In the rest of the garden we need to tackle our mammoth hedge (I think we might get professional gardeners's about 4 metres high now!), clean the back yard area up and replant a herb garden. I've got strawberry plants arriving and I'm growing my own mushrooms. We learnt last year that our patio is just too hot to grow vegetables easily so I've planted lots of lily and gladioli bulbs instead.

What plans have you got for your own gardens this year?

How Does Your Garden Grow

Wednesday, 18 March 2015

Chocolate & Raspberry Cake

When someone with 30 years service retires there is only one cake you can present to him on his last day. His love of chocolate was legendary so chocolate ganache was also called for. Certain that he would share it with other people I made sure there was an element of "healthiness" to it by including raspberries - as decoration and to flavour the fresh cream filling. I give you my Chocolate and Raspberry Cake. 

Ingredients - Based on 3 x 7" sandwich tins

For the Cake

190g Butter
190g Dark Chocolate
4 tsp Instant Coffee
140 ml Water
110g Self Raising Flour
10g Plain Flour
40g Cocoa Powder
0.25 tsp Bicarbonate of Soda
420g Caster Sugar
3 medium Eggs
6 tsp Vegetable Oil
95 ml Buttermilk (or sour cream with a little milk to loosen)

For the Ganache

75g milk chocolate
75ml cream (not straight from the fridge)

For the Raspberry cream

250ml double cream
35g icing sugar
75g fresh raspberries

Extra raspberries to decorate


Preheat the oven to 160C Gas 2-3. Grease and line your sandwich tins with baking parchment.

Put the butter, chocolate, coffee and water into a saucepan and stir over a low heat until the chocolate has melted. Take off the heat and leave to one side.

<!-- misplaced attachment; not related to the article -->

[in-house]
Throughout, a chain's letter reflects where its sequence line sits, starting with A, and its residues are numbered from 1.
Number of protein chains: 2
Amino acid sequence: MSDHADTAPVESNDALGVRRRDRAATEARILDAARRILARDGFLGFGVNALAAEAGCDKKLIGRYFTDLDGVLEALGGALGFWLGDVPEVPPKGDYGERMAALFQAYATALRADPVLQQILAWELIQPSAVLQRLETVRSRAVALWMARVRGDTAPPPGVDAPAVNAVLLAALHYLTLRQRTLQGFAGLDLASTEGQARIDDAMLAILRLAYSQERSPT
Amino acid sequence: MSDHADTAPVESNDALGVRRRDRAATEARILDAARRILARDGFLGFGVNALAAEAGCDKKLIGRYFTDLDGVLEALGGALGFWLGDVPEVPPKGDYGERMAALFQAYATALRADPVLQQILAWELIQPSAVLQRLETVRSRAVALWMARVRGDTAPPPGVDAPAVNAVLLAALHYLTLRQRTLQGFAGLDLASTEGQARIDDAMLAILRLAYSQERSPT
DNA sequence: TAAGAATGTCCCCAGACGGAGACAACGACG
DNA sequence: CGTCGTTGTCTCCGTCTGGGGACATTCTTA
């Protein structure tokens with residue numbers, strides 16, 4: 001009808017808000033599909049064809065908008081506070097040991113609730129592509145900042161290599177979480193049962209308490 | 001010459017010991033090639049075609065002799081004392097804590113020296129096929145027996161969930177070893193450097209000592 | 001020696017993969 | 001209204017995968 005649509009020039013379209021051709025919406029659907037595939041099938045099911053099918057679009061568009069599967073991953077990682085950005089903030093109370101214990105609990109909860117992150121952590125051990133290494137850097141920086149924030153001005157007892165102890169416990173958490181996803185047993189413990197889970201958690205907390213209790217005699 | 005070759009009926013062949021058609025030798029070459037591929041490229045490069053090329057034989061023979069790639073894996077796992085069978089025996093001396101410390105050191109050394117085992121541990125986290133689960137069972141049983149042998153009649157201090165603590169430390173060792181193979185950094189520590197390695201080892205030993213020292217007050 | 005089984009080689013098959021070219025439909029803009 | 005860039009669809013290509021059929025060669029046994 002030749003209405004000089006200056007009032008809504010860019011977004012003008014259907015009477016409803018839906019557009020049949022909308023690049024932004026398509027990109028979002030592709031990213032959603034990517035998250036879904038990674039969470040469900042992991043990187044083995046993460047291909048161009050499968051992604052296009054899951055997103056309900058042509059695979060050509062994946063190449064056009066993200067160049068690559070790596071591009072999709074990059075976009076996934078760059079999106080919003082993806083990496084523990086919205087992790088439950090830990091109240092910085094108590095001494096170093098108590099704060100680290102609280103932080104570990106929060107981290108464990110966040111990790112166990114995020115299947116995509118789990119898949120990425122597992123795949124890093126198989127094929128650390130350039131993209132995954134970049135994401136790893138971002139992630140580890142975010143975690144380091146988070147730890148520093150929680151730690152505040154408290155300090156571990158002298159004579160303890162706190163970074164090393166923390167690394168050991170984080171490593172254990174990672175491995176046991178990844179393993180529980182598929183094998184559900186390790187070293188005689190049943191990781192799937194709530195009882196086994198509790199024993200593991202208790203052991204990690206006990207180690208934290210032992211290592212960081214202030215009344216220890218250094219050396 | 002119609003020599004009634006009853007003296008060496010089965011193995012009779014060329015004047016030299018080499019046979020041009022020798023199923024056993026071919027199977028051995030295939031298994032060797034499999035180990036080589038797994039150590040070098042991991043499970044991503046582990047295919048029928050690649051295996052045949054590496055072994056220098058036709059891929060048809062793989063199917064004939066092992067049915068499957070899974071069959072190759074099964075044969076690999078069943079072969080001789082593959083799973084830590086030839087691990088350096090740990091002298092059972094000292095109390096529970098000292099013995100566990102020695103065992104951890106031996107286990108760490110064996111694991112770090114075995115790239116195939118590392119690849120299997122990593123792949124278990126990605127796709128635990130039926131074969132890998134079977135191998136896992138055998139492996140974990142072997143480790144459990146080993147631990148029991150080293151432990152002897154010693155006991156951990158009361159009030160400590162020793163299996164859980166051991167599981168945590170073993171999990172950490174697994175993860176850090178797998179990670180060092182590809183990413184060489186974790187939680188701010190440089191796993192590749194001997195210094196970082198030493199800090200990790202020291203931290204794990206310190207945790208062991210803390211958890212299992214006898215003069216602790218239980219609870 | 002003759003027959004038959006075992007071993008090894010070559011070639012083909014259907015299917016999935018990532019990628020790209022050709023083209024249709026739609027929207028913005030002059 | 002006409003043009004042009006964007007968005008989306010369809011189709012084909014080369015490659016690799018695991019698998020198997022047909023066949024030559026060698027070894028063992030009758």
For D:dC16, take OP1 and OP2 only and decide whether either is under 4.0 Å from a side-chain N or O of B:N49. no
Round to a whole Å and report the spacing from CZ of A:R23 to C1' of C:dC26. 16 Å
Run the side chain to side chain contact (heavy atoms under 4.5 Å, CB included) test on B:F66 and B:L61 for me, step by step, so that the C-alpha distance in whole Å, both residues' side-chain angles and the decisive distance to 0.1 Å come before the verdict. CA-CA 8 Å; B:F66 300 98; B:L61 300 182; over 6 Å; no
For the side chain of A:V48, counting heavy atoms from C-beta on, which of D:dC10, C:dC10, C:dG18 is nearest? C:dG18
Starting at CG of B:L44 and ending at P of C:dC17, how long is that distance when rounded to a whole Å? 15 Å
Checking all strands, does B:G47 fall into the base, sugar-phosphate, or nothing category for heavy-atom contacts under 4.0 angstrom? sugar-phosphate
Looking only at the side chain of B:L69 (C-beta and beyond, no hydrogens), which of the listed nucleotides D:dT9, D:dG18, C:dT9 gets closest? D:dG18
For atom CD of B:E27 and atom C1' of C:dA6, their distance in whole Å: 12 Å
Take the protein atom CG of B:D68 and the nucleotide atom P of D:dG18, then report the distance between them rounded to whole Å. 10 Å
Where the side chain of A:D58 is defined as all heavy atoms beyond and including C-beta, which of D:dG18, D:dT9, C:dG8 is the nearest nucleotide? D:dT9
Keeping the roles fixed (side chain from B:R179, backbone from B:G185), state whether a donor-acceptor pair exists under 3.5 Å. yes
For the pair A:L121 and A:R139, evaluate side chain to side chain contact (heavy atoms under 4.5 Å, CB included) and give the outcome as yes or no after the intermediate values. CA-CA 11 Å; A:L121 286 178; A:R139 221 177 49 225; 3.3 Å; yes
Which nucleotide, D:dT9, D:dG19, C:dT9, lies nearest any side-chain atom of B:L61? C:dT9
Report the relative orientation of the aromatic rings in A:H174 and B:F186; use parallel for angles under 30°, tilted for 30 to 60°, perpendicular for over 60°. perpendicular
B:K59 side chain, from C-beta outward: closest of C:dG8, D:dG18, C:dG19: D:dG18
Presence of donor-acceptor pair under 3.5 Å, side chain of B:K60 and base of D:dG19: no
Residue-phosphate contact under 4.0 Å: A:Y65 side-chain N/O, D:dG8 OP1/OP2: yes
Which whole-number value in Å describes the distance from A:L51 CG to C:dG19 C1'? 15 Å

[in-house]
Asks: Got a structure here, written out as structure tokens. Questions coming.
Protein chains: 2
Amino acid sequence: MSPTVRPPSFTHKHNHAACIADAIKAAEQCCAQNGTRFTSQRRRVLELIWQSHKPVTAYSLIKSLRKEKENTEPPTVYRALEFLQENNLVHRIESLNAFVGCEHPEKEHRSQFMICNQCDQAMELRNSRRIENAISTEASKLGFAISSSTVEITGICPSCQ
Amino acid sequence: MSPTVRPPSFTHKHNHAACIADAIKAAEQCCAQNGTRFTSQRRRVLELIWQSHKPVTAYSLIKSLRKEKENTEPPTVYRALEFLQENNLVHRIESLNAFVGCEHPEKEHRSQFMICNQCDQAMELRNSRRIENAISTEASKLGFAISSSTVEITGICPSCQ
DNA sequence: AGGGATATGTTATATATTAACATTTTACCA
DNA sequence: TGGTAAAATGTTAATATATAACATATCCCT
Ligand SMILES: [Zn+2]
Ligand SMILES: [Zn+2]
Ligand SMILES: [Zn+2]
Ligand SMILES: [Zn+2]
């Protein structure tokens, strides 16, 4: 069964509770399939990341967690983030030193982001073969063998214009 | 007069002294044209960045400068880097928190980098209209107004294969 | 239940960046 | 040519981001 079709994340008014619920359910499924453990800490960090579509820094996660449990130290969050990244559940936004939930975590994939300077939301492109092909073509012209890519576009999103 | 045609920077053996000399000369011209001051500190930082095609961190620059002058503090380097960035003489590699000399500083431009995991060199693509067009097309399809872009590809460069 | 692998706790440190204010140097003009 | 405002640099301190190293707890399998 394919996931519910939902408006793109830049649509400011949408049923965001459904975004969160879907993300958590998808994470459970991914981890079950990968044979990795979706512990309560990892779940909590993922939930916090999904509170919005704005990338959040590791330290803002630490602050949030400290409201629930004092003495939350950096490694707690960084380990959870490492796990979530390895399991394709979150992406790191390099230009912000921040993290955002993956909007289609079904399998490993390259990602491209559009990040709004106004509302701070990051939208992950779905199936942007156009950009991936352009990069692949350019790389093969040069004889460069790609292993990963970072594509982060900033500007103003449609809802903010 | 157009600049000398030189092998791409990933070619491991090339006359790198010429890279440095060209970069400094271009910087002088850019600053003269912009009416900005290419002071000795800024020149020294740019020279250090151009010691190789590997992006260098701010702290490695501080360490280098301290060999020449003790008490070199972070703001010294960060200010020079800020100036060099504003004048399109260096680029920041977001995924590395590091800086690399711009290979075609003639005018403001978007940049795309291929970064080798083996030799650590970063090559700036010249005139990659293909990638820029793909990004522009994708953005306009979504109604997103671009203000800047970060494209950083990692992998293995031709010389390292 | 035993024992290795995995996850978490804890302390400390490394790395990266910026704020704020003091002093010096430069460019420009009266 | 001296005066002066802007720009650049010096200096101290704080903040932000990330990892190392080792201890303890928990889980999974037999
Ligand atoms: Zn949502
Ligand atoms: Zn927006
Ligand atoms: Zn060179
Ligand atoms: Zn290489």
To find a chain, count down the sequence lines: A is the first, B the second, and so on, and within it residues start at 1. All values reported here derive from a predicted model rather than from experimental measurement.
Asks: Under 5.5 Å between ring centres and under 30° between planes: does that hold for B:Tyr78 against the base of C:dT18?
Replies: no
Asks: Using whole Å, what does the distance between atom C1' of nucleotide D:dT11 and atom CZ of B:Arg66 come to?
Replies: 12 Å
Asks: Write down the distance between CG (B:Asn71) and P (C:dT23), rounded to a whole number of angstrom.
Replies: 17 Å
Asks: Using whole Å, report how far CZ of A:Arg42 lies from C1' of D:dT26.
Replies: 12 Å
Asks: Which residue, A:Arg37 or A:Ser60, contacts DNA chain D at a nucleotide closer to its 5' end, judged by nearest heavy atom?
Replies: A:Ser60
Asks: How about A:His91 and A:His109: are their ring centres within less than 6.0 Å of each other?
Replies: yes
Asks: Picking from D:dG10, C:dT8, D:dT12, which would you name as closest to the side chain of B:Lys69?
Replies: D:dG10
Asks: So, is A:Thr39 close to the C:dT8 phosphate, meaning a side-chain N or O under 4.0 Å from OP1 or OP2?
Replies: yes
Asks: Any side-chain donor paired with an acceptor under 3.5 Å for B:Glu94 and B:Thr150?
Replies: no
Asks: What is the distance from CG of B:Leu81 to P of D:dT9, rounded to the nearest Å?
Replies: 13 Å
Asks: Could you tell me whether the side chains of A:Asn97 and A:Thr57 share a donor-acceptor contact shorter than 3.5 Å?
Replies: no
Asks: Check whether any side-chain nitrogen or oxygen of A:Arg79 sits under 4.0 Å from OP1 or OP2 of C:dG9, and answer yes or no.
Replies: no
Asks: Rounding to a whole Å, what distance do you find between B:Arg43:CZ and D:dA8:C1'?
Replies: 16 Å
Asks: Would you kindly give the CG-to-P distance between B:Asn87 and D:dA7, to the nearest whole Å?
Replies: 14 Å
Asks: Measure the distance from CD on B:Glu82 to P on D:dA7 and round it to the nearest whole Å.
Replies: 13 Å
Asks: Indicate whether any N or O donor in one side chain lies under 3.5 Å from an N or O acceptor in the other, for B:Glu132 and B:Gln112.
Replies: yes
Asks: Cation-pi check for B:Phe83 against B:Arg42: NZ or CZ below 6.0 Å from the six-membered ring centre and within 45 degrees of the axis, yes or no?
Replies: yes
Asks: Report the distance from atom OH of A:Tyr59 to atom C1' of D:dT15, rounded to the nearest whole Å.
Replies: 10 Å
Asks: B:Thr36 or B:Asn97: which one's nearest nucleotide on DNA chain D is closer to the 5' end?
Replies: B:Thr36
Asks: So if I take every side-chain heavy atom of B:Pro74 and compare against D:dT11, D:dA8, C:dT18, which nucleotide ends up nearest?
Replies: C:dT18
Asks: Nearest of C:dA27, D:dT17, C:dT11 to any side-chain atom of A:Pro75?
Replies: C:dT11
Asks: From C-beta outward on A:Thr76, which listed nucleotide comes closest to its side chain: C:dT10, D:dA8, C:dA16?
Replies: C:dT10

Sift both flours, cocoa & bicarbonate into a large bowl, stir in the sugar and make a well in the centre of the bowl.

In a separate bowl combine the eggs, oil & buttermilk. Add this egg mix to the flour, along with the chocolate mixture. Stir until completely combined.

Evenly split the mixture into the three tins and bake for 30-40 minutes or until a skewer inserted into the cakes comes out clean. Leave to cool in the tins for 10 minutes then remove and allow to cool completely before assembling.

To make your cream whip until you can form soft peaks. Sieve in your icing sugar and continue whipping until you have firm peaks. Gently break apart your raspberries into 3 or 4 pieces and fold these gently into your cream. Use the cream to layer between each cake.

To make the ganache break your chocolate into small pieces an place in a small, clean bowl. Melt over a pan of simmering water. Once melted stir in your cream and combine well. If your cream is cold this will thicken very quickly to a consistency like mine. If you want to have a pouring consistency it is important to allow your cream to come to room temperature before adding to the chocolate. As your chocolate and cream mix cools it will thicken. Keep checking it and once it coats and sticks to the back of a spoon you can pour this over your cake. If you want a thicker consistency just wait a little while longer before spreading over your cake. Finish decorating with raspberries.

Tuesday, 17 March 2015

Bake With Maria: When Less is most definitely More...